We live in a post-privacy age.
Our location can be pinpointed with GPS. Our photos and itineraries are known to the world, through our smartphones connected to the internet. We post our most intimate thoughts and opinions to social media for all to see. We browse targeted advertising based on our Google searches and online buying habits.
Tom Goodwin, head of innovation at Zenith Media, argues that we welcome this loss of privacy because we enjoy the benefits it affords us… right up until a company fails to protect our data.[i] Then we are up in arms about the violation of our privacy. It is the stuff of public relations nightmares.
At Echoworx, our own research finds another data privacy conundrum: the transformative nature of personal data after a breach. People are willing to disclose quantitative data, under the assumption it is protected. This same data takes on embarrassing qualitative characteristics once it becomes public during a breach – leading to a fatal loss of customer trust.
How are businesses to navigate these contradictions? How can businesses offer people the benefits of the post-privacy age without making them feel they’ve surrendered something precious? How can businesses gain the confidence to securely protect sensitive data?
One solution is found in the growing importance of the Chief Data Officer.
Rise of the Chief Data Officer
The Chief Data Officer role was born during the 2008-09 financial crisis. In the aftermath, there was a clear need for a person who could ensure compliance with increased regulatory demands. More than ever in banking and finance, data and its reporting to regulators required greater scrutiny. For years, data had been an afterthought in most organizations. Had available data been managed effectively at the time, we might have had warning of the crisis, or been able to make a more complete recovery.
In the decade since, however, the role of the CDO has expanded and evolved as the era of Big Data dawned. Suddenly the value of data as an asset became clear. The CDO was needed to take charge of maximizing its value.
In 2012, the advisory firm NewVantage Partners began an annual survey of Fortune-1000 c-executives. That first year, only 12% of firms had a CDO. By 2018, that number had risen to 63.4%. This trend looks set to continue. By some estimates, a Chief Data Officer will be considered a “mission-critical” role in up to 75% of large enterprises within the next 3-5 years. Even the Pentagon has hired its first CDO!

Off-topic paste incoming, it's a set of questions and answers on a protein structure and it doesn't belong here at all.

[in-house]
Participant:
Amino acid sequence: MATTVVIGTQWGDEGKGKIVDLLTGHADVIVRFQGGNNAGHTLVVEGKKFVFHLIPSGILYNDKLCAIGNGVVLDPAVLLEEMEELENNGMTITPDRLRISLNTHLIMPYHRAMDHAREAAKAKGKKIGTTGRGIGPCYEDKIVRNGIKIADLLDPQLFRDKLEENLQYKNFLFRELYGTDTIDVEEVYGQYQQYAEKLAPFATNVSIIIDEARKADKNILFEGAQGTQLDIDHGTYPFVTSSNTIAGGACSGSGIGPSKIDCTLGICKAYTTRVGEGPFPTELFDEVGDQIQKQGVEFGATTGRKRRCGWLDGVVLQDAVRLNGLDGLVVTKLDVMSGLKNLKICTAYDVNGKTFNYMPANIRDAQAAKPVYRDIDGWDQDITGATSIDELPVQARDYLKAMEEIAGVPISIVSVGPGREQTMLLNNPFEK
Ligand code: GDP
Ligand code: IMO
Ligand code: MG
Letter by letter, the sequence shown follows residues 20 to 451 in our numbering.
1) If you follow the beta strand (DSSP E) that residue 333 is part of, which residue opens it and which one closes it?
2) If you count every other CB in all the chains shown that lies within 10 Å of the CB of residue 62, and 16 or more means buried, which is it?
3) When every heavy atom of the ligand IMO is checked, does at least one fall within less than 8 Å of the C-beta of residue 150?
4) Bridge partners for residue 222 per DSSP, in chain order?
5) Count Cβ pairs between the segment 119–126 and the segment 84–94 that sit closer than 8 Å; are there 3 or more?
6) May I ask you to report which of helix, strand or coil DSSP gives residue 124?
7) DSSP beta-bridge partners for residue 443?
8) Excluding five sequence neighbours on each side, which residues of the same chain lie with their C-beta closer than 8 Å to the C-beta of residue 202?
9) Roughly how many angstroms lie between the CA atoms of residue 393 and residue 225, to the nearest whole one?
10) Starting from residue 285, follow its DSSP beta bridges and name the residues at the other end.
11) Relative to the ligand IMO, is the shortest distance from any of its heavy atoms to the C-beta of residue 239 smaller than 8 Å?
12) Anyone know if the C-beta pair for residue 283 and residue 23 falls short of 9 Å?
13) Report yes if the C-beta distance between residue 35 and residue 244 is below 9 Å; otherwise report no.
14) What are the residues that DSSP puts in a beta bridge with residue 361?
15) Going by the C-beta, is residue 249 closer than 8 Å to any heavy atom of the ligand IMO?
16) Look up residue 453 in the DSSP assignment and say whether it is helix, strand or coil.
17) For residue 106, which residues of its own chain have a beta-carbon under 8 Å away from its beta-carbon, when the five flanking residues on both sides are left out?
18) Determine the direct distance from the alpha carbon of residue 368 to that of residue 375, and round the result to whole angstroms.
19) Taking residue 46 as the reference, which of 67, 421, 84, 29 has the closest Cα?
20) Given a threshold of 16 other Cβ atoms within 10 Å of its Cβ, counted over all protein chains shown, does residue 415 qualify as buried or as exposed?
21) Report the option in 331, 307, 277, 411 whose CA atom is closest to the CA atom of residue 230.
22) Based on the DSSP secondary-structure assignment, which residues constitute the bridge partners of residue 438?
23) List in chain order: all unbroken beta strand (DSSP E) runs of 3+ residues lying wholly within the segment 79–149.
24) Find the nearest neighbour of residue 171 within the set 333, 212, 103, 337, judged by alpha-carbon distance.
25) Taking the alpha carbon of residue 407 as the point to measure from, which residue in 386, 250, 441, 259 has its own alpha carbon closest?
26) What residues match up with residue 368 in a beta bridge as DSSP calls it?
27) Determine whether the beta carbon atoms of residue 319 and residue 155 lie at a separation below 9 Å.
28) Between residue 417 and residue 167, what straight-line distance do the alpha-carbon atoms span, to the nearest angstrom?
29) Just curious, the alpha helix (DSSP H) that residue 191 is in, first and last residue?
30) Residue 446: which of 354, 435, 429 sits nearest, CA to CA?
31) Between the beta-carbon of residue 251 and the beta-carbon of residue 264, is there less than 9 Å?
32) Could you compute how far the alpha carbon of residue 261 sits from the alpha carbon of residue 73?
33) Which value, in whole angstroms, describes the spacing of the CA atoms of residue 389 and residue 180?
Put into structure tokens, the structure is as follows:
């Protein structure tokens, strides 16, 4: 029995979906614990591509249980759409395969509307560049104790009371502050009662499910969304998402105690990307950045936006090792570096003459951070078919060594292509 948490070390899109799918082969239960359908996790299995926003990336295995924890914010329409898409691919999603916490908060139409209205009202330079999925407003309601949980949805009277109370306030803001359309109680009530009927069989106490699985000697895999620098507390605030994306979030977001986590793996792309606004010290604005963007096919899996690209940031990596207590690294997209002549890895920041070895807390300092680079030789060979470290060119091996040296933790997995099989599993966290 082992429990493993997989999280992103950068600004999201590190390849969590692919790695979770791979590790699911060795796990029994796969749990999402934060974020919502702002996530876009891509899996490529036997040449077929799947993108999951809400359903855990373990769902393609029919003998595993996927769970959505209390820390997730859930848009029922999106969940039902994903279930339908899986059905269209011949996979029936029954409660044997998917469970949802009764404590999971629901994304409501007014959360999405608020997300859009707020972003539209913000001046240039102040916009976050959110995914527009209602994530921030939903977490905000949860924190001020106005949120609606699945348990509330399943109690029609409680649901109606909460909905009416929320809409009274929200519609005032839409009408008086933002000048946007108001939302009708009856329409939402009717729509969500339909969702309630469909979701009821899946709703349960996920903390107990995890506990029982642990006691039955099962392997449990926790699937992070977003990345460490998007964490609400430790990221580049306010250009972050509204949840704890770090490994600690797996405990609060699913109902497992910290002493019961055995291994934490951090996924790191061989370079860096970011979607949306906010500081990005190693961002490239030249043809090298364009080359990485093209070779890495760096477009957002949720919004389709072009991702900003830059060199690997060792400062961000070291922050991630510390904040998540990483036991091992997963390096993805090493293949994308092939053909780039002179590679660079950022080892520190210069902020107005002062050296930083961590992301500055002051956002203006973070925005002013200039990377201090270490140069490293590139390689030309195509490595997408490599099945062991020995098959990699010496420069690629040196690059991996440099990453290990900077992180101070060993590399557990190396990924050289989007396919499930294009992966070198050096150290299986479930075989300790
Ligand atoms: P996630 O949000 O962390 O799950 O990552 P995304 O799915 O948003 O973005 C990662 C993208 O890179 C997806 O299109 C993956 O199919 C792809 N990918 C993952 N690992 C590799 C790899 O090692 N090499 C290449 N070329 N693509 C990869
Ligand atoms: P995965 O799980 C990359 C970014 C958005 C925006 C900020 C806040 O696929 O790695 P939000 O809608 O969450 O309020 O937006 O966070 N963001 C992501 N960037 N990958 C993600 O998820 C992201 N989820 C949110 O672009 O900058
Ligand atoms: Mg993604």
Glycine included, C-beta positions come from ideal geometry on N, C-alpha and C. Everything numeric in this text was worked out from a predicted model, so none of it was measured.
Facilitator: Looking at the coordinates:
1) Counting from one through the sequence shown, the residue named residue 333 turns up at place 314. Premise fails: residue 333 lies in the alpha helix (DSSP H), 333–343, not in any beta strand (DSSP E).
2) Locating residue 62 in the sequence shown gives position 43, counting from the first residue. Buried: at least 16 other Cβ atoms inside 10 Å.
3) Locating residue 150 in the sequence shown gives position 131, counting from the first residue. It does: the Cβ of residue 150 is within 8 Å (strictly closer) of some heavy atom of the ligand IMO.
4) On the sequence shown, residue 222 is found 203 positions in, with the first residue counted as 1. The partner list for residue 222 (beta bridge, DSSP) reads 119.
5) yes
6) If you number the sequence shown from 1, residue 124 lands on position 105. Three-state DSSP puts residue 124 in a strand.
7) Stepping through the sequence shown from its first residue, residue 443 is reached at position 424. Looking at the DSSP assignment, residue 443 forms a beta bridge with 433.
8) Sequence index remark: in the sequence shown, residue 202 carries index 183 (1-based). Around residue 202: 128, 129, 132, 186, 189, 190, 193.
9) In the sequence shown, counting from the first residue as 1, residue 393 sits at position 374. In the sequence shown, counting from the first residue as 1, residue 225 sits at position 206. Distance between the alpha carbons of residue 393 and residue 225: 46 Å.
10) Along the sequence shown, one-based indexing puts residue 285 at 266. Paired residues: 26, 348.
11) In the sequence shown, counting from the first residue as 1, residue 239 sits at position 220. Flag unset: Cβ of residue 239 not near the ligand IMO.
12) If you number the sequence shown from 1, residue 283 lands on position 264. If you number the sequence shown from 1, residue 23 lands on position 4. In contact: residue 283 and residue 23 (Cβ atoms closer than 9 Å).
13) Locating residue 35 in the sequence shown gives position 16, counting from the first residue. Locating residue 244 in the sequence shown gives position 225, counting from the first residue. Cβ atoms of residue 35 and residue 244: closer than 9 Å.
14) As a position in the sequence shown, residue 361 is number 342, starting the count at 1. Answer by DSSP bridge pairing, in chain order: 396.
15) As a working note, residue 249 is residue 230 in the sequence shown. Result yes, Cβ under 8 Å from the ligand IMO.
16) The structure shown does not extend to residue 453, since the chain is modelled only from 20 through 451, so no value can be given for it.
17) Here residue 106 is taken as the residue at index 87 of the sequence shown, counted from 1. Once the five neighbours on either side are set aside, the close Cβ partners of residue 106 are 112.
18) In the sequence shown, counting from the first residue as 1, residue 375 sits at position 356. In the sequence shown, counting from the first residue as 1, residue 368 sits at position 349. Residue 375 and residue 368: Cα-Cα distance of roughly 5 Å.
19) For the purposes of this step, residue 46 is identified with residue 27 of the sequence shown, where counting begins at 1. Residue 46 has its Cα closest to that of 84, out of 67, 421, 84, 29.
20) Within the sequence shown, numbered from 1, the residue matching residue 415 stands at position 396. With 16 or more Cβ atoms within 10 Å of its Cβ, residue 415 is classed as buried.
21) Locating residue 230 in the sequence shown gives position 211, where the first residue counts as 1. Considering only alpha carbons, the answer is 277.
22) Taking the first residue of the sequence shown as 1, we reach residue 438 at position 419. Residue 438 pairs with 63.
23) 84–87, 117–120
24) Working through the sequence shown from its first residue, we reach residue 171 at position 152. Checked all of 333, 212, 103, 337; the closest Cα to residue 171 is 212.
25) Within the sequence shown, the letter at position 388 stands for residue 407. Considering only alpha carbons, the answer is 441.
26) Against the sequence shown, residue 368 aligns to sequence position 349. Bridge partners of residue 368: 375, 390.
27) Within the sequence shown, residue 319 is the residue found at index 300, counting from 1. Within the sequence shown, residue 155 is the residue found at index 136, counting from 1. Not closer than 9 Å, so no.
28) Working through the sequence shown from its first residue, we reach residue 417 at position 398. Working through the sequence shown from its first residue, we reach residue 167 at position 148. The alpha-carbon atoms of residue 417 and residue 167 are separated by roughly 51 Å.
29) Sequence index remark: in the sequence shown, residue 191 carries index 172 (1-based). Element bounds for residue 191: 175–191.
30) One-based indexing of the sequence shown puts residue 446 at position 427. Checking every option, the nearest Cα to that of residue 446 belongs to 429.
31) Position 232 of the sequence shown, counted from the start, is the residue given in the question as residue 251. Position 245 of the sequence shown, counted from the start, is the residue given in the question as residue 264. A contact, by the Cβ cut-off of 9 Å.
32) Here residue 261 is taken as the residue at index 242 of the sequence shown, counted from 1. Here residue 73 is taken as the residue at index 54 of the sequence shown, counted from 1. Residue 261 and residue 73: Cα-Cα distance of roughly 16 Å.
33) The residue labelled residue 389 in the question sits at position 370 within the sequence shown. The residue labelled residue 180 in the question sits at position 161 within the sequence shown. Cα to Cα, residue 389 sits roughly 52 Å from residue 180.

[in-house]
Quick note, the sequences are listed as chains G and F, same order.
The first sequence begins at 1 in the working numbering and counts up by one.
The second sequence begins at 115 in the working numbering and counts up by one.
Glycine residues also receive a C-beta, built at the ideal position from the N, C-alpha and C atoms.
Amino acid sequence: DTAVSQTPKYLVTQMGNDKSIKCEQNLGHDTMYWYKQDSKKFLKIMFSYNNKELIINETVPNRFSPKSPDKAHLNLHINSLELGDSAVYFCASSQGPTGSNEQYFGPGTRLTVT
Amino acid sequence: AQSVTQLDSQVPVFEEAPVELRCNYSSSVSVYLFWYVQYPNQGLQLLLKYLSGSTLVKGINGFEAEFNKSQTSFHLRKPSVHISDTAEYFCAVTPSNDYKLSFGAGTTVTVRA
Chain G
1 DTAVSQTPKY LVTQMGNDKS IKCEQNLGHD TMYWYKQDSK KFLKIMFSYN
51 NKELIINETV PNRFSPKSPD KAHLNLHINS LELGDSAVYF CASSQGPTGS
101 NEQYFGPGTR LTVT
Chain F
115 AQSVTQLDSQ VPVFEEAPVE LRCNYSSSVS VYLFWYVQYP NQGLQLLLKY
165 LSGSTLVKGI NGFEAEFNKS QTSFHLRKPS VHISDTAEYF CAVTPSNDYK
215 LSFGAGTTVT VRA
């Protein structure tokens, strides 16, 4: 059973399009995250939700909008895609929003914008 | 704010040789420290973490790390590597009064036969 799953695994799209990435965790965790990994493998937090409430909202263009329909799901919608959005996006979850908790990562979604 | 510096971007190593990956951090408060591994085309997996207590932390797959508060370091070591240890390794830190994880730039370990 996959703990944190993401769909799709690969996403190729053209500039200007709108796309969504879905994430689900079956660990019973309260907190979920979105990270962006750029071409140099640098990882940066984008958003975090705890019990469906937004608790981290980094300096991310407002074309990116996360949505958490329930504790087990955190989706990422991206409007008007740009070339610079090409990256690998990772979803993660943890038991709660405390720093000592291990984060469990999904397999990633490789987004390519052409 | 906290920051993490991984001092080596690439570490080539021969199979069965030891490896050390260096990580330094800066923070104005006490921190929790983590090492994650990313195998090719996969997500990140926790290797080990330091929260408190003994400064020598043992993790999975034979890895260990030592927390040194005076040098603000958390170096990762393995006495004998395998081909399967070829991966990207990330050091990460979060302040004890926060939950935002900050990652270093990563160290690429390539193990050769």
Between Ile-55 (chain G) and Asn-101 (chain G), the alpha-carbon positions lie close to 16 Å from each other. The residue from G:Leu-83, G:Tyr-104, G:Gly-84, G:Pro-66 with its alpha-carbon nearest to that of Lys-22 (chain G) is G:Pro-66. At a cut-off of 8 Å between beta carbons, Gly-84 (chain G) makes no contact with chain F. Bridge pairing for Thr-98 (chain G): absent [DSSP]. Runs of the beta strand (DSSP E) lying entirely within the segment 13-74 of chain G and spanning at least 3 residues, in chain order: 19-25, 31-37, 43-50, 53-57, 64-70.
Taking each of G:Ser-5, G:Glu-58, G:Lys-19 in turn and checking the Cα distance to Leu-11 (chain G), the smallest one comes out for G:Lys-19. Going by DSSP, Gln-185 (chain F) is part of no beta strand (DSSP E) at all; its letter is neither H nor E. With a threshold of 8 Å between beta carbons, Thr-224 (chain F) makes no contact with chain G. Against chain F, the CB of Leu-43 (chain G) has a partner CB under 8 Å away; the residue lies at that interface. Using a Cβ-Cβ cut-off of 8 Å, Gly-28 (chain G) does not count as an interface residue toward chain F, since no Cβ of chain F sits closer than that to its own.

Why you need a Chief Data Officer
The CDO’s chief value today is as the point-person for optimizing the vast amounts of data generated by today’s companies. He or she can extract value from it, and foster innovation around Big Data and analytics. The CDO drives technology solutions, enhances cybersecurity and increase revenues. He or she works to eliminate data siloes and redundancies. Technological change is managed to reduce the costs of “data wrangling” within a company.
The CDO plans and executes corporate strategy around emerging technologies such as artificial intelligence (AI), machine learning, and blockchain. The CDO also represents an agile solution to the fast-moving developments in regulation and data privacy for which traditional management may not be well suited. As technology evolves, so too does the CDO role.
Privacy vs value in a post-privacy world
Data is a double-edged sword. It holds tremendous value for corporations. It also demands careful stewardship of information entrusted to them and promises liabilities (both financial and reputational) in the event of a breach.
By bringing all data and related activity under the CDO, organizations can establish systems to ensure that all data gathered by, stored, or shared within an organization is treated securely, ethically, and in compliance with local and international laws and regulations.[ii] Proper data management and careful application of security measures, such as enhanced encryption of sensitive data, can help reduce enterprise risk. These policies also allow companies to maximize value from the data they collect.
In this post-privacy era, corporations that interact with sensitive customer data must adapt if they want to be successful. If they focus on “serving people better” with explicit requests for permission, clear opt-ins, rigorous security and encryption, they can build a “value exchange over a lifetime” with customers. This is the kind of transformation that the CDO can bring to organizations. In this way, the CDO helps navigate the line between privacy and post-privacy in a connected world.
By Alex Loo, VP of Operations, Echoworx